Kinetochore-driven formation of kinetochore fibers contributes to spindle assembly during animal mitosis.

Maiato H, Rieder CL, Khodjakov A - J. Cell Biol. (2004)

Spindle assembly in dynein-depleted cells. Selected frames from fluorescence time-lapse sequences of cells undergoing mitosis ∼72 h after dynein RNAi. (A) Spindle formation in a cell with centrosomes completely separated before NEB. The spindle forms between the separated centrosomes, and the poles are initially well focused. However, at a later time, the centrosomes detach from the poles and the K-fibers splay so that the spindle becomes barrel shaped. (B) Spindle formation in a cell with nonseparated centrosomes. Under this condition, the spindle initially forms as a fan-shaped structure, with MTs converging on the centrosome(s) only on one side of the chromosomes (2:00). However, within just a few minutes formation of prominent K-fibers is seen on the other side of the chromosomes (7:00). These K-fibers do not converge on a common point. Over time, the centrosomes detach from the spindle and then the K-fibers on the side of the spindle that was initially well focused begin to splay. As a result, the spindle eventually becomes barrel-shaped (62:00). Note that in this cell the centrosomes fused together (between 2:00 and 7:00), so that they appear as a single structure in later frames. Bars, 5 μm.
© Copyright Policy
Related In: Results  -  Collection

Show All Figures
getmorefigures.php?uid=PMC2172442&req=5

fig6: Spindle assembly in dynein-depleted cells. Selected frames from fluorescence time-lapse sequences of cells undergoing mitosis ∼72 h after dynein RNAi. (A) Spindle formation in a cell with centrosomes completely separated before NEB. The spindle forms between the separated centrosomes, and the poles are initially well focused. However, at a later time, the centrosomes detach from the poles and the K-fibers splay so that the spindle becomes barrel shaped. (B) Spindle formation in a cell with nonseparated centrosomes. Under this condition, the spindle initially forms as a fan-shaped structure, with MTs converging on the centrosome(s) only on one side of the chromosomes (2:00). However, within just a few minutes formation of prominent K-fibers is seen on the other side of the chromosomes (7:00). These K-fibers do not converge on a common point. Over time, the centrosomes detach from the spindle and then the K-fibers on the side of the spindle that was initially well focused begin to splay. As a result, the spindle eventually becomes barrel-shaped (62:00). Note that in this cell the centrosomes fused together (between 2:00 and 7:00), so that they appear as a single structure in later frames. Bars, 5 μm.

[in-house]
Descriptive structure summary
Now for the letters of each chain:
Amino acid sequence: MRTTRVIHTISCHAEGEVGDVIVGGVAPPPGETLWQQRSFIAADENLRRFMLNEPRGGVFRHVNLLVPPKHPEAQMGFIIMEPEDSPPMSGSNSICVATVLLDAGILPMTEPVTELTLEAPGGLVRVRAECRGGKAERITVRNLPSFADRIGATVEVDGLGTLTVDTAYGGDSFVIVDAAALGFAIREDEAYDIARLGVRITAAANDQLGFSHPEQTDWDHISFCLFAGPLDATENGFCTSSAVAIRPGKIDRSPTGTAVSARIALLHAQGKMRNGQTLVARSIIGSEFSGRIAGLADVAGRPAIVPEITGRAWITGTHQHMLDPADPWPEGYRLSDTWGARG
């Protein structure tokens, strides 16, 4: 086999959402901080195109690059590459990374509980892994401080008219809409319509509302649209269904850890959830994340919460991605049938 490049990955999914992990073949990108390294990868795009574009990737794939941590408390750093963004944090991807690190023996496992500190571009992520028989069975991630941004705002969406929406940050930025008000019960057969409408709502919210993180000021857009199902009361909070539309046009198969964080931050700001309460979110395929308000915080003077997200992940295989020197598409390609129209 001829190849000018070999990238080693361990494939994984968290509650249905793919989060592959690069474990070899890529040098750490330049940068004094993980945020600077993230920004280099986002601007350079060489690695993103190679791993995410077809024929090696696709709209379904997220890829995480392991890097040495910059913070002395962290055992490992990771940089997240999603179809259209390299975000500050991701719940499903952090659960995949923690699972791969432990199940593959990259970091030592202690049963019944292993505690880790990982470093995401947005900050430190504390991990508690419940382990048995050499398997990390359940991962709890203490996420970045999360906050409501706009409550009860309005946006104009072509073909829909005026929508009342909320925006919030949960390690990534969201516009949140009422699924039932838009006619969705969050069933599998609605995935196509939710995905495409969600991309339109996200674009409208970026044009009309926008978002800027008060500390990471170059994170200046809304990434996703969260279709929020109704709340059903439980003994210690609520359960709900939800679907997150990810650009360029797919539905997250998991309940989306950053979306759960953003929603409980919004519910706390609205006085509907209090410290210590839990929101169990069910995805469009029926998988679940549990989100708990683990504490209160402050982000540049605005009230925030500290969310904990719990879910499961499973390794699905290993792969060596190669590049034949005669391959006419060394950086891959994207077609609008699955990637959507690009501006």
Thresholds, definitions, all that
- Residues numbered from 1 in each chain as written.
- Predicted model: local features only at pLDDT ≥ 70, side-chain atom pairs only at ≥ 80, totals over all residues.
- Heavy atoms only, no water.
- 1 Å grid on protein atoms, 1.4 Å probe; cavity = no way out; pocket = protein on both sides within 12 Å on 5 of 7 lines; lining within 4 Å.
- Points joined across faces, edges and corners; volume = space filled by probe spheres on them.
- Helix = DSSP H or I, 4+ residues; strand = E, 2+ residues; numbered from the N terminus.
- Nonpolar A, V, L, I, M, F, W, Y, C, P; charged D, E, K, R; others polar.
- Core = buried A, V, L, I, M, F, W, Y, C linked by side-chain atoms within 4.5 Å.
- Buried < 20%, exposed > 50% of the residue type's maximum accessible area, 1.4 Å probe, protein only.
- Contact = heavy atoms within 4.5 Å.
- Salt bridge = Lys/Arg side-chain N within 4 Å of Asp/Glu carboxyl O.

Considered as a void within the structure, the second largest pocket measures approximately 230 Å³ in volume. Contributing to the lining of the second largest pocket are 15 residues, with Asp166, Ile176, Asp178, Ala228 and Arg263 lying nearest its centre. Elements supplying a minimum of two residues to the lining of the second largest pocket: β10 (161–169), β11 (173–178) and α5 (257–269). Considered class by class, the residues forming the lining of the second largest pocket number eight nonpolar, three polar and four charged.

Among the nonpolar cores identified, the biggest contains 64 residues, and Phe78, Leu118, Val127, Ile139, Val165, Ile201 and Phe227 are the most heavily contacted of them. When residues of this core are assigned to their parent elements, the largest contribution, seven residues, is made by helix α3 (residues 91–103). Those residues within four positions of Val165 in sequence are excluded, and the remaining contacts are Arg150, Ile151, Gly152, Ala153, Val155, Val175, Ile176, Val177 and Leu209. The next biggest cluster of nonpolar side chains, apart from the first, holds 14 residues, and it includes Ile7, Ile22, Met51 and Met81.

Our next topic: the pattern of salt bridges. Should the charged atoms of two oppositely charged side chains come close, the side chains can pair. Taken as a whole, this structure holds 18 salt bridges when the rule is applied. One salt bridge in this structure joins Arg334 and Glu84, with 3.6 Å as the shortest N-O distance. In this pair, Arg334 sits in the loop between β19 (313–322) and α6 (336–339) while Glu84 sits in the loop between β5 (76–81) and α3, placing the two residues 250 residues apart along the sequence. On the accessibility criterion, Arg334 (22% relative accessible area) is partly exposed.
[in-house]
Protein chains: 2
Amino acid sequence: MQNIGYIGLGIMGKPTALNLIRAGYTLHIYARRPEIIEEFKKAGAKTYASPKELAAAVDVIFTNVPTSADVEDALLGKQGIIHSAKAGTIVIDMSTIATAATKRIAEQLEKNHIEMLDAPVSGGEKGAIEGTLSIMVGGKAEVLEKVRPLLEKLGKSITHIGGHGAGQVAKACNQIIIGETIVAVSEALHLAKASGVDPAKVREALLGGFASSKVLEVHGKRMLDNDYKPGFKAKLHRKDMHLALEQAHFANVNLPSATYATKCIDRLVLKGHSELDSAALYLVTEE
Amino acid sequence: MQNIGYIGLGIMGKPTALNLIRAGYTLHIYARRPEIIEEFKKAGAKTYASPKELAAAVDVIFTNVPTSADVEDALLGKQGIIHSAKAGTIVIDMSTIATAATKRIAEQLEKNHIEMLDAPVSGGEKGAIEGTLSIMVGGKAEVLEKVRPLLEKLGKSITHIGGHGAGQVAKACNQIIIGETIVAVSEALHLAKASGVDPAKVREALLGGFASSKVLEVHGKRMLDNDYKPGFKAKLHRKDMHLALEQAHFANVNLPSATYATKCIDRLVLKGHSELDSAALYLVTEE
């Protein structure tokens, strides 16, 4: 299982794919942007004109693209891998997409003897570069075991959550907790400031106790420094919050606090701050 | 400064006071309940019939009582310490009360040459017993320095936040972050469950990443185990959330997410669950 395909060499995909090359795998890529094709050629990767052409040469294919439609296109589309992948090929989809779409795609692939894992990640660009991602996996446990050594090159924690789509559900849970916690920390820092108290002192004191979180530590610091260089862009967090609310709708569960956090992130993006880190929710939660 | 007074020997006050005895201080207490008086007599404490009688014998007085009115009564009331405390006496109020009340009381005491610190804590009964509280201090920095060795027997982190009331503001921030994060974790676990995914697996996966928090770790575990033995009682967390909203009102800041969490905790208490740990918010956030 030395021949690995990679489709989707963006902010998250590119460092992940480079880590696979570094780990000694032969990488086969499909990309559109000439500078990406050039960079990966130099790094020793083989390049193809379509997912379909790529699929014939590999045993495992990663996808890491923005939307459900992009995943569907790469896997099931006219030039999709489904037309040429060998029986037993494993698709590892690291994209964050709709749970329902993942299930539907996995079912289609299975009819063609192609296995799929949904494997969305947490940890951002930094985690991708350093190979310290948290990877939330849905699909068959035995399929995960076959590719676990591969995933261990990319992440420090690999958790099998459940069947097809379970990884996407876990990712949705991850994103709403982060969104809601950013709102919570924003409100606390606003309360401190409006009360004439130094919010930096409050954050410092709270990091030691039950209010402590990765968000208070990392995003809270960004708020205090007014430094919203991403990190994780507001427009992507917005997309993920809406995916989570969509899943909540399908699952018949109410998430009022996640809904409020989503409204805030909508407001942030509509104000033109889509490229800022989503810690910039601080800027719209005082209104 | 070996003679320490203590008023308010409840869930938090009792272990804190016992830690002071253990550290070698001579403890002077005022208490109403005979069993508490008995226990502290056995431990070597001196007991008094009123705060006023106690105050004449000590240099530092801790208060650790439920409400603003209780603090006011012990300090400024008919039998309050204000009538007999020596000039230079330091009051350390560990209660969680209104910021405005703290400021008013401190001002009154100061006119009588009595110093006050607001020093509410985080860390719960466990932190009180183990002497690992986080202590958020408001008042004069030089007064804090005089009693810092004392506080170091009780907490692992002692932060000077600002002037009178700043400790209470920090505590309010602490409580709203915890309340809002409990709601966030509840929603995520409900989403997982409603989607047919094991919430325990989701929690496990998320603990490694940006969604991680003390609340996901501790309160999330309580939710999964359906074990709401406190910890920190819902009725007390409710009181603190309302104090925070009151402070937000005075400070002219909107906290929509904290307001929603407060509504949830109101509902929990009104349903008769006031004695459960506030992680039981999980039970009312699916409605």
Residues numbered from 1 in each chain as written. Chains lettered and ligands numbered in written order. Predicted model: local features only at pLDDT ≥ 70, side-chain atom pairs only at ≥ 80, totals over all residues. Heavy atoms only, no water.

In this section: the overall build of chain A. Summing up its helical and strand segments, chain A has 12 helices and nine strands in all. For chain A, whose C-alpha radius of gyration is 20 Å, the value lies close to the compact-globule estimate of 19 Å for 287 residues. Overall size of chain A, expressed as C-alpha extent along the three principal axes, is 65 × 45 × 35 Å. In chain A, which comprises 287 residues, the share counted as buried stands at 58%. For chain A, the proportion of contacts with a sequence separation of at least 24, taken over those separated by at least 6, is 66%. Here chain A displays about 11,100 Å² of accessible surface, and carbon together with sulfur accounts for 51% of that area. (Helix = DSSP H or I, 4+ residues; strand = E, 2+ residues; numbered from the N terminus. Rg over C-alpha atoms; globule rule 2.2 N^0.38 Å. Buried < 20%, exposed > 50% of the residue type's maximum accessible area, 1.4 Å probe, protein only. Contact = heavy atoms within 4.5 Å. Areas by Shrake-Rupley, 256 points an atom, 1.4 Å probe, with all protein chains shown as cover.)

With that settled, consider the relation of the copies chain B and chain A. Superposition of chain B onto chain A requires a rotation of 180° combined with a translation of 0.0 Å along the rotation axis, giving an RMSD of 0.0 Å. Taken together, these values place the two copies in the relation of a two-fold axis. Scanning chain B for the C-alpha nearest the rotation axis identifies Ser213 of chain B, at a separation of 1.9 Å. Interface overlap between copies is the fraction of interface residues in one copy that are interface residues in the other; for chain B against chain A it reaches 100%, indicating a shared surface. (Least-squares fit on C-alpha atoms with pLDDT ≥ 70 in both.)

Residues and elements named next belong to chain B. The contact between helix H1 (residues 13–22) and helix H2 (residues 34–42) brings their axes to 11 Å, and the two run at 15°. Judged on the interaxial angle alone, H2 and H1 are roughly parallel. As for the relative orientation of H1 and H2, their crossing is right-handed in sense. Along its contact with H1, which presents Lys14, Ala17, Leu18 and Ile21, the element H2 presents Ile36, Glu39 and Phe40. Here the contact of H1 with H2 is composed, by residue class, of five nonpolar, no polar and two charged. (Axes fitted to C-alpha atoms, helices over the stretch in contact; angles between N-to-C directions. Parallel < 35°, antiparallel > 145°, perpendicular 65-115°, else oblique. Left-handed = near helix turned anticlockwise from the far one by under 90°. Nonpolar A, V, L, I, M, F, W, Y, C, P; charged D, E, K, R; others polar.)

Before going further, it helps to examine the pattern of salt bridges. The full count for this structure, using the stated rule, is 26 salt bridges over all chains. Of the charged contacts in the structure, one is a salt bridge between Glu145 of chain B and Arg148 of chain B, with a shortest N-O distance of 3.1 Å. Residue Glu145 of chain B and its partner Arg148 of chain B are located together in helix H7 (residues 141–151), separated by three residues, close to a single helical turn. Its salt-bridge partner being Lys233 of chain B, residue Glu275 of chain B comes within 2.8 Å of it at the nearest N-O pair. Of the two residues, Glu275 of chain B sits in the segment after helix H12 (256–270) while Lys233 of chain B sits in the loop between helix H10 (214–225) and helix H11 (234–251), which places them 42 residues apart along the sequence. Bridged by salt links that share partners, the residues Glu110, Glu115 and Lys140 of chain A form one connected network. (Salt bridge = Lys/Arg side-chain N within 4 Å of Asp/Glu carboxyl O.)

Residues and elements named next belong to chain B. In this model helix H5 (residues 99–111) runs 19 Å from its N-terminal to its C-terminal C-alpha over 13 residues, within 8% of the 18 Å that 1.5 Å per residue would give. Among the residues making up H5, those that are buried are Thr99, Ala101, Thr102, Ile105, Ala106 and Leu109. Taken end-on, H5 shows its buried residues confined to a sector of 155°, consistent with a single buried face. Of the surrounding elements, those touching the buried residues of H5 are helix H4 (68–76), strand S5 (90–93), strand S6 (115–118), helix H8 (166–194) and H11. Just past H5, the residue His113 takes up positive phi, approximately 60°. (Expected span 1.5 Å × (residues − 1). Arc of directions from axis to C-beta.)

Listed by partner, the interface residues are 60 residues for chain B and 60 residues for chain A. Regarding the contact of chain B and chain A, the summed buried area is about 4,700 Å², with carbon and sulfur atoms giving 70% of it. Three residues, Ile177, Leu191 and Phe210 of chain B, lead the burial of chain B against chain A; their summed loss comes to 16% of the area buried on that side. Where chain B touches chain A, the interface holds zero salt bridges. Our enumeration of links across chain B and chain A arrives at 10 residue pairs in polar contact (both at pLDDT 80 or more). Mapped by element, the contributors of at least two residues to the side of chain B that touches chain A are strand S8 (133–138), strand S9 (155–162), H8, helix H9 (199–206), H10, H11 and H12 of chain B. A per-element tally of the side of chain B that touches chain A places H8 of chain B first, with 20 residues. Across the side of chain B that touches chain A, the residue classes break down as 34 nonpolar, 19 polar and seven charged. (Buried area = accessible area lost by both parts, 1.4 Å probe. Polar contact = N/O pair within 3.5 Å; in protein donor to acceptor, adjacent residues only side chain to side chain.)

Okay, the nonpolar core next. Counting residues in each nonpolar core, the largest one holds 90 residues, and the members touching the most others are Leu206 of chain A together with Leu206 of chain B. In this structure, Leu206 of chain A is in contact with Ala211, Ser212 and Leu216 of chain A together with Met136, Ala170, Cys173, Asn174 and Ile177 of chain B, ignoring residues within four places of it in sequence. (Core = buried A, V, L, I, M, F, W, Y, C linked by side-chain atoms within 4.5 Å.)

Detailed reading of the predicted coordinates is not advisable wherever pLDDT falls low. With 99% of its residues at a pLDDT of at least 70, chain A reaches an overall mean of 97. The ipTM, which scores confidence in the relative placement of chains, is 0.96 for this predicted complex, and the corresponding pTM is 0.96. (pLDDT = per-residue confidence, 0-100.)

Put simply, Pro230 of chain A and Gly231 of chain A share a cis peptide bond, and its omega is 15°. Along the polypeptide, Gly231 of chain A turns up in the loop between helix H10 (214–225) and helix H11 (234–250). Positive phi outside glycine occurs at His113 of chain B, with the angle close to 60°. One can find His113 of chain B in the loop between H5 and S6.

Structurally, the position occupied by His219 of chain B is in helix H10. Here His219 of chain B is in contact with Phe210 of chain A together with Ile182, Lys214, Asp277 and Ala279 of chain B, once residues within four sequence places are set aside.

Mentions: As reported by others, dynein knockdown induces S2 cells to accumulate in mitosis (Goshima and Vale, 2003; Fig. S2). In most of these cells the spindles were roughly bipolar and the chromosomes were organized into loose metaphase plates. However, compared with controls, under the experimental conditions we used, the poles were conspicuously less focused so that the spindle appeared barrel-shaped as in plants. Often the centrosomes were displaced from the spindle poles (Fig. 6 A), or had failed to separate (Fig. 6 B). These phenotypes are generally consistent with the effects of dynein inhibition reported previously in Drosophila (Robinson et al., 1999) and mammalian cells (Echeverri et al., 1996).

Bottom Line: This poleward transport results in chromosome bi-orientation and congression.Thus, even in the presence of centrosomes, the formation of some K-fibers is initiated by the kinetochores.However, centrosomes facilitate the proper orientation of K-fibers toward spindle poles by integrating them into a common spindle.

View Article: PubMed Central - PubMed

Affiliation: Wadsworth Center, New York State Department of Health, Albany 12201, USA.

ABSTRACT
It is now clear that a centrosome-independent pathway for mitotic spindle assembly exists even in cells that normally possess centrosomes. The question remains, however, whether this pathway only activates when centrosome activity is compromised, or whether it contributes to spindle morphogenesis during a normal mitosis. Here, we show that many of the kinetochore fibers (K-fibers) in centrosomal Drosophila S2 cells are formed by the kinetochores. Initially, kinetochore-formed K-fibers are not oriented toward a spindle pole but, as they grow, their minus ends are captured by astral microtubules (MTs) and transported poleward through a dynein-dependent mechanism. This poleward transport results in chromosome bi-orientation and congression. Furthermore, when individual K-fibers are severed by laser microsurgery, they regrow from the kinetochore outward via MT plus-end polymerization at the kinetochore. Thus, even in the presence of centrosomes, the formation of some K-fibers is initiated by the kinetochores. However, centrosomes facilitate the proper orientation of K-fibers toward spindle poles by integrating them into a common spindle.

Show MeSH